BrynhildrfNorse Mythology, Ancient Scandinavian Old Norse cognate of Brünhild. In the Norse legend the Völsungasaga Brynhildr was rescued by the hero Sigurd in the guise of Gunnar. Brynhildr and Gunnar were married, but when Sigurd's wife Gudrun let slip that it was in fact Sigurd who had rescued her, Brynhildr plotted against him. She accused Sigurd of taking her virginity, spurring Gunnar to arrange Sigurd's murder.
Edda 2fIcelandic, Ancient Scandinavian Possibly from Old Norse meaning "great-grandmother". This was the name of two 13th-century Icelandic literary works: the Poetic Edda and the Prose Edda. This is also the name of a character in the Poetic Edda, though it is unclear if her name is connected to the name of the collection.
HróarrmAncient Scandinavian Old Norse name, derived from the element hróðr "fame" combined with either geirr "spear" (making it a relation of Hróðgeirr), arr "warrior" or varr "vigilant, cautious". This is the name of a legendary Danish king, the same one who is featured in the Anglo-Saxon poem Beowulf with the name Hroðgar.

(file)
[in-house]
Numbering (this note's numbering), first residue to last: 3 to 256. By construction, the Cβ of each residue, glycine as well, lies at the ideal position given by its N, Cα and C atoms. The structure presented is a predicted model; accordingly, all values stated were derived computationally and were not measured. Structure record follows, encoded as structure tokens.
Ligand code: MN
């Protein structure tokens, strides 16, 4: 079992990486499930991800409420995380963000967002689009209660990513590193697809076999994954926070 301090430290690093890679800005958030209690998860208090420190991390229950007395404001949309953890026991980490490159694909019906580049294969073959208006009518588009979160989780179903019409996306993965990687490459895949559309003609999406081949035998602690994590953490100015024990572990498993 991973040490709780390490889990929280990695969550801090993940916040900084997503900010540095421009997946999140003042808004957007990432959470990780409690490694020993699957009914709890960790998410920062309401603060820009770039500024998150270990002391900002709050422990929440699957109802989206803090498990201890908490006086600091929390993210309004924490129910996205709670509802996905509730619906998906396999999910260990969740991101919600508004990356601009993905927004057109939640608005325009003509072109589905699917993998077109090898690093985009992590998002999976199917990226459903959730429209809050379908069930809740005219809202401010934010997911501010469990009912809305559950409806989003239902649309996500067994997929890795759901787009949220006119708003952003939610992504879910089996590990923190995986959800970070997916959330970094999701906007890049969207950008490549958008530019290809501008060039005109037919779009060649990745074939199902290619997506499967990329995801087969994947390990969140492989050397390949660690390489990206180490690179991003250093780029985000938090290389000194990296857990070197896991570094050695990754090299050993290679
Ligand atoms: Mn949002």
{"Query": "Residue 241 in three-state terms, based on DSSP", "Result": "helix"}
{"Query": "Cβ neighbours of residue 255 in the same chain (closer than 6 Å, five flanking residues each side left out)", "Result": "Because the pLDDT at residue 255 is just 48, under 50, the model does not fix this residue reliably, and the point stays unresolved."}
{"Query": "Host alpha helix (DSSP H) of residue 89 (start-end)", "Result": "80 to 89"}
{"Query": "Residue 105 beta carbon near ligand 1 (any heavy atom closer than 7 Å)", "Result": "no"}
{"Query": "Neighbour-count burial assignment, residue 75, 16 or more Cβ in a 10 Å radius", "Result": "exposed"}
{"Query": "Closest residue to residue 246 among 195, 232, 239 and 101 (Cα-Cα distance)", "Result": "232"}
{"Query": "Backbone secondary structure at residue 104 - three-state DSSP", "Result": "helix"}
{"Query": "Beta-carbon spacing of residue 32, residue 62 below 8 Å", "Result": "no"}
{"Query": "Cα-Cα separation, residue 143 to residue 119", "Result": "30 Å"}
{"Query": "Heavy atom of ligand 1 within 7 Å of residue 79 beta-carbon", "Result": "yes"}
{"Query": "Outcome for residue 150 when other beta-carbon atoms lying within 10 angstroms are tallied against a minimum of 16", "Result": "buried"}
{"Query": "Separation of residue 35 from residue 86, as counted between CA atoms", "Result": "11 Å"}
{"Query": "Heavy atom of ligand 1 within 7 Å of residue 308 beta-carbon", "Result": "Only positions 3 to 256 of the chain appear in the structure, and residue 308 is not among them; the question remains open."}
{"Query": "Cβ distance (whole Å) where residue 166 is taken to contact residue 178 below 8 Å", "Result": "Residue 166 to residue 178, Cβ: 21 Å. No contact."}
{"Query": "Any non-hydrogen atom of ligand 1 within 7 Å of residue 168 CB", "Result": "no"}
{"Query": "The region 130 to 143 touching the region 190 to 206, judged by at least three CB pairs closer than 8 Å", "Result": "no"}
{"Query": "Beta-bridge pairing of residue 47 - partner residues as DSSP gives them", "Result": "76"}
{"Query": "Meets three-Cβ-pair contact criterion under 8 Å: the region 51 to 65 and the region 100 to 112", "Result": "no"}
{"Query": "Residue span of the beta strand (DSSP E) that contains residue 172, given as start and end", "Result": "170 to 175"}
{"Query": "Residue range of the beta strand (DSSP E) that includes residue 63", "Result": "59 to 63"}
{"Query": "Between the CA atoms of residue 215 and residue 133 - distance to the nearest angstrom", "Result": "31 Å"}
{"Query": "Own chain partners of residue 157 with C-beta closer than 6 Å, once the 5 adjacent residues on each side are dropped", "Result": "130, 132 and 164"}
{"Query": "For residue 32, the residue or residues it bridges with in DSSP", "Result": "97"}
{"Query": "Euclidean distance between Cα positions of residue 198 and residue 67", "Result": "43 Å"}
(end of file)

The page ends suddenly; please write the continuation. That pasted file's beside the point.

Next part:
IðunnfNorse Mythology, Ancient Scandinavian, Icelandic Probably derived from Old Norse ið "again" and unna "to love". In Norse mythology Iðunn was the goddess of spring and immortality whose responsibility it was to guard the gods' apples of youth.
SnorrimAncient Scandinavian, Icelandic Derived from Old Norse snerra"attack, onslaught". This name was borne by Snorri Sturluson, a 13th-century Icelandic historian and poet, the author of the Prose Edda.
SvantepolkmAncient Scandinavian Old Norse form of Svatopluk. It was borne by the prominent 13th-century Swedish nobleman Svantepolk Knutsson. He may have been named after a relative of his Pomeranian mother.
ÞórafAncient Scandinavian, Icelandic Either a feminine form of Þórr (see Thor) or else a short form of the various Old Norse names beginning with the element Þór. In Norse myth Thora was the wife of the Danish king Ragnar Lodbrok.